In the history of the San Diego Food Bank, there has never been a greater need for food donations. But they say donations to their Holiday Food Drive are down this year.
“Last year, from the beginning of October to this time last year, Dec. 13, we received 399,345 pounds of food through food drive donations,” said San Diego Food Bank spokesperson Chris Carter.
This year, for the same period, they received just 290,697 pounds. That’s a difference of 108,648 pounds, or 54 tons of food.
“Our total food drive donations last year was 656,247 pounds of food so we have a long way to go to reach last year’s total,” said Carter. “We are also concerned because we use the Holiday Food Drive to build our food supply for the winter months, but this year the food is going out as quickly as it is coming in.”
The San Diego Food Bank received 121,957 pounds of food in October, but they distributed 102,922 pounds.
Carter says they’re extremely concerned because while donations are down, the need is much greater this year.
“We are currently feeding more people now in our 34-year history serving San Diego County. We are feeding over 350,000 people per month and our food lines continue to grow,” Carter said.
He attributes the rise in need to the county’s unemployment rate.
“We fear that the prolonged economic downturn has created ‘donor fatigue’ among people who have consistently given to us in the past but due to strained budgets and a perception that there is no end to the economic downturn have stopped giving,” said Carter.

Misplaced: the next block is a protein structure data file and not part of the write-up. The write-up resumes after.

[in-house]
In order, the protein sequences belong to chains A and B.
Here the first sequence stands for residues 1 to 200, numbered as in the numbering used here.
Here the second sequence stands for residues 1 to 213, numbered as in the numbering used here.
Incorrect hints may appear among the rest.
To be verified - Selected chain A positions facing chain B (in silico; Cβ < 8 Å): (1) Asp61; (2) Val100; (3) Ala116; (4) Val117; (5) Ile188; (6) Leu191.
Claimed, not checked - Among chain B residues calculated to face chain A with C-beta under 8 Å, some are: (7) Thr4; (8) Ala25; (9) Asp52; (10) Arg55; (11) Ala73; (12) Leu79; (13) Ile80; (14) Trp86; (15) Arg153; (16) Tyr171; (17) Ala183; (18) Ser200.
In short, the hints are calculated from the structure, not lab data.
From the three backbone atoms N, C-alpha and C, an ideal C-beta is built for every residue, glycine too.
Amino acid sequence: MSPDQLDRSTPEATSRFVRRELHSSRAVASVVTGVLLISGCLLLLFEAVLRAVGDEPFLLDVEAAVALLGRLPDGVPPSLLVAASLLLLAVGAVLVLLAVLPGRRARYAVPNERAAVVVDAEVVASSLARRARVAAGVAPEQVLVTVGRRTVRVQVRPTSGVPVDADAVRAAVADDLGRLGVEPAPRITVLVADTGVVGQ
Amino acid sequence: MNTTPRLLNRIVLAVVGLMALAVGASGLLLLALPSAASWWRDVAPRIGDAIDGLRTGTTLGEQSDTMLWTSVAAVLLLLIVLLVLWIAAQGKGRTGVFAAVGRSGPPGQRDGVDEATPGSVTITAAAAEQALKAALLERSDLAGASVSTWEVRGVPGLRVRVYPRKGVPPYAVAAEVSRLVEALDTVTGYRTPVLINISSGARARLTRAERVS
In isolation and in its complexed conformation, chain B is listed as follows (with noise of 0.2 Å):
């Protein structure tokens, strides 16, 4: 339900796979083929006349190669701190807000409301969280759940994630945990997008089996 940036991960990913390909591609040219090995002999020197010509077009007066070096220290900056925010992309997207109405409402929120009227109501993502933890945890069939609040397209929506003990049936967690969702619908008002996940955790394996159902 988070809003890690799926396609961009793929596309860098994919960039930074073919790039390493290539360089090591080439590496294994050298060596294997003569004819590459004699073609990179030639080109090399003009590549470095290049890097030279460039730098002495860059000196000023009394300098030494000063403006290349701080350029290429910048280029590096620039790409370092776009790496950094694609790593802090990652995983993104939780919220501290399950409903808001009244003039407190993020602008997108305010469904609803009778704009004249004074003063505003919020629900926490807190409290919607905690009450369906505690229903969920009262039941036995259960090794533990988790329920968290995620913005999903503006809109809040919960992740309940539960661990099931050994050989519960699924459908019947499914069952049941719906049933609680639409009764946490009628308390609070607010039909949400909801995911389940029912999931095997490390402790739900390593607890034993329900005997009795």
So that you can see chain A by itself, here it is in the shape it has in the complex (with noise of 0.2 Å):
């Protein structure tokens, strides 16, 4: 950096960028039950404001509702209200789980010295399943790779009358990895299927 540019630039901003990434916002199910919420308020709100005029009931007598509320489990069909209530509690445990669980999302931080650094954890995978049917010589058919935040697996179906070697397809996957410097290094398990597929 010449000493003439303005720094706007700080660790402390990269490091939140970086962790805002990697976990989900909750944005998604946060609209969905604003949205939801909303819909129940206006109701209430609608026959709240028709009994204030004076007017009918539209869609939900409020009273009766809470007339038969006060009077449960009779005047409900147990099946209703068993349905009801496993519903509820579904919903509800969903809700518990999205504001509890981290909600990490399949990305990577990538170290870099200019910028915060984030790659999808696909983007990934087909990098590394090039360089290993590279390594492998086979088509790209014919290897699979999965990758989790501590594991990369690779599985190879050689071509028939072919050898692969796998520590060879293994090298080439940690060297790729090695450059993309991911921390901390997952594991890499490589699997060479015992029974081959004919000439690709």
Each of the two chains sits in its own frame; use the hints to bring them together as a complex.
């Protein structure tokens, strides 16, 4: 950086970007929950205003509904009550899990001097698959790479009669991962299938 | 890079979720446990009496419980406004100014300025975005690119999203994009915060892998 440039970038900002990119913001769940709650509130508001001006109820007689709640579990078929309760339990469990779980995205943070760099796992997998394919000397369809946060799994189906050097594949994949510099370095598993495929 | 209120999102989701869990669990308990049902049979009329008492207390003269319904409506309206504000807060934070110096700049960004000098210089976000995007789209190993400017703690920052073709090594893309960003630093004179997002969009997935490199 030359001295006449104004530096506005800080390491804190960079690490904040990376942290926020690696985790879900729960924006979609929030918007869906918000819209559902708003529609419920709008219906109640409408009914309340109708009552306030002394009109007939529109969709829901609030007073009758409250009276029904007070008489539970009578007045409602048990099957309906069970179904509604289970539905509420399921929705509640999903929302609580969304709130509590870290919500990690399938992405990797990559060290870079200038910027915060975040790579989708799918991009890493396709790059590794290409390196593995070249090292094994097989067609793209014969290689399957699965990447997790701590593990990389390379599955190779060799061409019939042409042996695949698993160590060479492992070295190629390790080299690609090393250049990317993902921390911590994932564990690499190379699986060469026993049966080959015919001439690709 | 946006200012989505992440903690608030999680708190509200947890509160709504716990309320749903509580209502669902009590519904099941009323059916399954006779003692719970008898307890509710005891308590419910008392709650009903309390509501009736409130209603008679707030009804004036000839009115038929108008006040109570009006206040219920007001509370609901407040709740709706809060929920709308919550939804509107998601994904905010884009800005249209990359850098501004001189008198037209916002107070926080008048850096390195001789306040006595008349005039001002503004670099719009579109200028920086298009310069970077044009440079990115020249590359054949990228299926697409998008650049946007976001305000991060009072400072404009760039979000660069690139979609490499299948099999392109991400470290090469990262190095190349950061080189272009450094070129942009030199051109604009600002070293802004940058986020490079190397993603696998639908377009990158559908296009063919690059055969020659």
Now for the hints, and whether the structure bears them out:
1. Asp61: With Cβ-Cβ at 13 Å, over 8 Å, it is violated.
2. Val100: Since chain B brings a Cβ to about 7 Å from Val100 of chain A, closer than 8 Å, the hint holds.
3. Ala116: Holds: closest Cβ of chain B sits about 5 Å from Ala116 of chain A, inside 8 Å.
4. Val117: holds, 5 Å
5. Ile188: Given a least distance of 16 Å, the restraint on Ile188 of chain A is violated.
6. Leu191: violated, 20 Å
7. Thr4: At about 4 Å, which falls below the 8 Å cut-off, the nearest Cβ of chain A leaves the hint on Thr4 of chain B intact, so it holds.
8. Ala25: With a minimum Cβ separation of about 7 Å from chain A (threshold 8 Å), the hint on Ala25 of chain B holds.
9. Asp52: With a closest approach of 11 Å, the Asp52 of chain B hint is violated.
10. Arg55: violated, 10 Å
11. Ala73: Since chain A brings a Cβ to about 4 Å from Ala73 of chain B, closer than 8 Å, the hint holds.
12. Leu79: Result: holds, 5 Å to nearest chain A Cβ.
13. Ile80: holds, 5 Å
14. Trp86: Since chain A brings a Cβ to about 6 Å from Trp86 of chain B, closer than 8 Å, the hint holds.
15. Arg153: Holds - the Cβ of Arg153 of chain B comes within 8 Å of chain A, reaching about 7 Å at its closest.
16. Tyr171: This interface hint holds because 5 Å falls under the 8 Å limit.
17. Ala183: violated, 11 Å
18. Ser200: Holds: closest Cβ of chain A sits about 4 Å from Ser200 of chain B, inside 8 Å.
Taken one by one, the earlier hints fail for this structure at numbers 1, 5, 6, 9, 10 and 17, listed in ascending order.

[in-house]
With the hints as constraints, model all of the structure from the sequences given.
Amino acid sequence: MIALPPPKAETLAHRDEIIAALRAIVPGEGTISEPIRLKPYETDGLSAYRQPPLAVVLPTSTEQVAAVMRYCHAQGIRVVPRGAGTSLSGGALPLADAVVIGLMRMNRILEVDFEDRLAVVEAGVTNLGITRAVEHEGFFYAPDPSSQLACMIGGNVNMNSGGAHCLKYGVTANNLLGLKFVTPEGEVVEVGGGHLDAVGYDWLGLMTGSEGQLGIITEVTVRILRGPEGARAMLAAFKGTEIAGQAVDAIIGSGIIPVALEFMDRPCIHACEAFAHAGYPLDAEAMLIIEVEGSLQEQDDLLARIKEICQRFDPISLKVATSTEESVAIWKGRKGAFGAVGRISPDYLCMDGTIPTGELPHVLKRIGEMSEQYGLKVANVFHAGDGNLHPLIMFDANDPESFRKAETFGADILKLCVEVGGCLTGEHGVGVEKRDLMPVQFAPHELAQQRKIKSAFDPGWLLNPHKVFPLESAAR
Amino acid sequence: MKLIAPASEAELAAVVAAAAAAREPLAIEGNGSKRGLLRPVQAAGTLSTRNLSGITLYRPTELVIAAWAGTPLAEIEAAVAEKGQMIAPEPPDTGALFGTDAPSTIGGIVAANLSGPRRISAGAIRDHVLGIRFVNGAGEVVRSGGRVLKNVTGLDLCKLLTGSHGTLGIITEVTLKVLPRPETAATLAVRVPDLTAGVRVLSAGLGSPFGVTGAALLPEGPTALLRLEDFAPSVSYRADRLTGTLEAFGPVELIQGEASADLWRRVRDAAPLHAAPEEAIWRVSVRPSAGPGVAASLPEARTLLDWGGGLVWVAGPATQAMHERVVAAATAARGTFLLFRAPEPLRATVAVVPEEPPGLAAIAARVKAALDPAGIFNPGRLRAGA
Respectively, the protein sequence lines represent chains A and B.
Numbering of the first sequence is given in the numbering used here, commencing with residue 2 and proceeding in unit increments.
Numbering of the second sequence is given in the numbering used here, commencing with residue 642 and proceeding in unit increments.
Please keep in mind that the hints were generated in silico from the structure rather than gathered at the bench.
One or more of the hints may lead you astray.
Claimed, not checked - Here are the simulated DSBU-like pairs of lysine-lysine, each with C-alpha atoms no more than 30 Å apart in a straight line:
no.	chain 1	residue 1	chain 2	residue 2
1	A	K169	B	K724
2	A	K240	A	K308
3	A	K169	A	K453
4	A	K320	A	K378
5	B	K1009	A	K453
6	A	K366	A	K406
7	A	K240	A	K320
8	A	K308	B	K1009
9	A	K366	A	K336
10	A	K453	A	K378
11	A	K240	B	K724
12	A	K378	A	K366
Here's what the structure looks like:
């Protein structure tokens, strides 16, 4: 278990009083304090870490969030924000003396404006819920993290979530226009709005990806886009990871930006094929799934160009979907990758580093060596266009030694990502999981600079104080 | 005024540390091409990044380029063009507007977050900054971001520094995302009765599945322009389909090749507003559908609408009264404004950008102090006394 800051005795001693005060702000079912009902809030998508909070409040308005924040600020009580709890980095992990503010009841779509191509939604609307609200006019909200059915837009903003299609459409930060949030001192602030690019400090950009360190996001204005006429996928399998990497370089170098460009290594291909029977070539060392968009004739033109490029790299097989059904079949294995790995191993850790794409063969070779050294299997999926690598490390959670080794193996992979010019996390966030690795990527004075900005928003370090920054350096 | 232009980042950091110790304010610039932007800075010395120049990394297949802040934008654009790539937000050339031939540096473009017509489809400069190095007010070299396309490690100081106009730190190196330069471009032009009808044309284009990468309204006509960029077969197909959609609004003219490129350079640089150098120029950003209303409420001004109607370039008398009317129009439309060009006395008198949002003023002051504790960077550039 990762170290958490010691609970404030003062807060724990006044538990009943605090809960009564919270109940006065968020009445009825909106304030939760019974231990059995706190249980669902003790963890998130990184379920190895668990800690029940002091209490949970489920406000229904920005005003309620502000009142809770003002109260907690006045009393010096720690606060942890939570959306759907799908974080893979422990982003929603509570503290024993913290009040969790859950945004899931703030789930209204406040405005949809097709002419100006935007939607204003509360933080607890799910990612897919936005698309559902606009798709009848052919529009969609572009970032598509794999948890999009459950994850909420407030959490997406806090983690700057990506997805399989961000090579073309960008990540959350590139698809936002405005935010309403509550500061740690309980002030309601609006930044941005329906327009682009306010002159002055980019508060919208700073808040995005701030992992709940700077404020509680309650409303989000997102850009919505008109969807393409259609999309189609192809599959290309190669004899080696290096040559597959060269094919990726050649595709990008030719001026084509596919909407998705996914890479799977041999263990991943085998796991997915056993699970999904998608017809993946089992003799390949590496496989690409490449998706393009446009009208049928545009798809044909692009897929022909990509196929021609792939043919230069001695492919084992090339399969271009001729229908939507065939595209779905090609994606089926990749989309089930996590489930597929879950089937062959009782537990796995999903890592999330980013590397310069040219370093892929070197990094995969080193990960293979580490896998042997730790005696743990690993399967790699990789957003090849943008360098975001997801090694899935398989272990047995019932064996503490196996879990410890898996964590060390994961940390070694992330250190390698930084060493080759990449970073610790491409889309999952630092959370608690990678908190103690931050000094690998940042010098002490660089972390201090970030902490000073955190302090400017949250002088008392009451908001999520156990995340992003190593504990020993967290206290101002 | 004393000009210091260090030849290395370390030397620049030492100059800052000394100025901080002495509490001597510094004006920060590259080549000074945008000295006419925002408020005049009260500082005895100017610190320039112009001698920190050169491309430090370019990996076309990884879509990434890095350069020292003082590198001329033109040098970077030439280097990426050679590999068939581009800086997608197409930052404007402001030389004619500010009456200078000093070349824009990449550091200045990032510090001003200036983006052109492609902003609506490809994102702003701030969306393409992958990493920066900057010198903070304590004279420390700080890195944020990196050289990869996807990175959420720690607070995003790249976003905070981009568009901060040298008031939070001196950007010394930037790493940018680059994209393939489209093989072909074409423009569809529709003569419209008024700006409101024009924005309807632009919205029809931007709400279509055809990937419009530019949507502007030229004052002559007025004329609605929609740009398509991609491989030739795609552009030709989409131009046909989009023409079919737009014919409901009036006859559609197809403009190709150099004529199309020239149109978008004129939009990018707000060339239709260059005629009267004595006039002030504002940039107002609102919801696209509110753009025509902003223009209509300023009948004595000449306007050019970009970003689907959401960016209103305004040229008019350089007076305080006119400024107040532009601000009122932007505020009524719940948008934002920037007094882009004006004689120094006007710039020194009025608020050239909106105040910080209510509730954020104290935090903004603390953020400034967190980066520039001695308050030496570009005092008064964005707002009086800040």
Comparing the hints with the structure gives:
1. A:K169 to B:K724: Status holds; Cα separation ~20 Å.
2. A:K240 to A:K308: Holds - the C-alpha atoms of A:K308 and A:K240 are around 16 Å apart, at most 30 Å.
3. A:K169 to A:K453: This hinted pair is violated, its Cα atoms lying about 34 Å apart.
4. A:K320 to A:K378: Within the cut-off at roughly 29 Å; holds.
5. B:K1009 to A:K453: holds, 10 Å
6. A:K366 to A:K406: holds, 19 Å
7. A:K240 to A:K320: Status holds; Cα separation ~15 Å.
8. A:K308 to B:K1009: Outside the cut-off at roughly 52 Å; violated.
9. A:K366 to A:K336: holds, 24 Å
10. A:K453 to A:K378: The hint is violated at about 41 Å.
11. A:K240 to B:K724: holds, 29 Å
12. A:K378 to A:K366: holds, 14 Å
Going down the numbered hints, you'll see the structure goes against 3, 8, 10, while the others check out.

He points out that $1, or one can of food, will prevent a San Diegan from going to bed hungry.
“Ironically we actually have more businesses and schools running food drives for us this year compared to last year, but we are receiving less food overall through these food drives than last year,” said Carter.
The food bank has 613 food drives running, including 469 businesses hosting food drives and 144 schools.
Carter says families will suffer from the lack of donations. He says they never turn anyone away, but they are giving out less.
“When our food supply is stretched it means that we have to reduce the amount of food that we can provide families in need. Last year families received, on average, ten food items. This year we are giving out an average of five food items.
The food bank needs canned meats and protein items. This includes canned ham, tuna, chicken, spaghetti and meatballs, and canned chili.
“We also need canned vegetables and canned fruits as well as beans (canned or dried), oatmeal, cereal, and pasta,” said Carter.
If you would like to donate, you can drop non-perishable food items in the red barrels at Vons and Stater Bros. supermarkets. You can also donate online at sandiegofoodbank.org.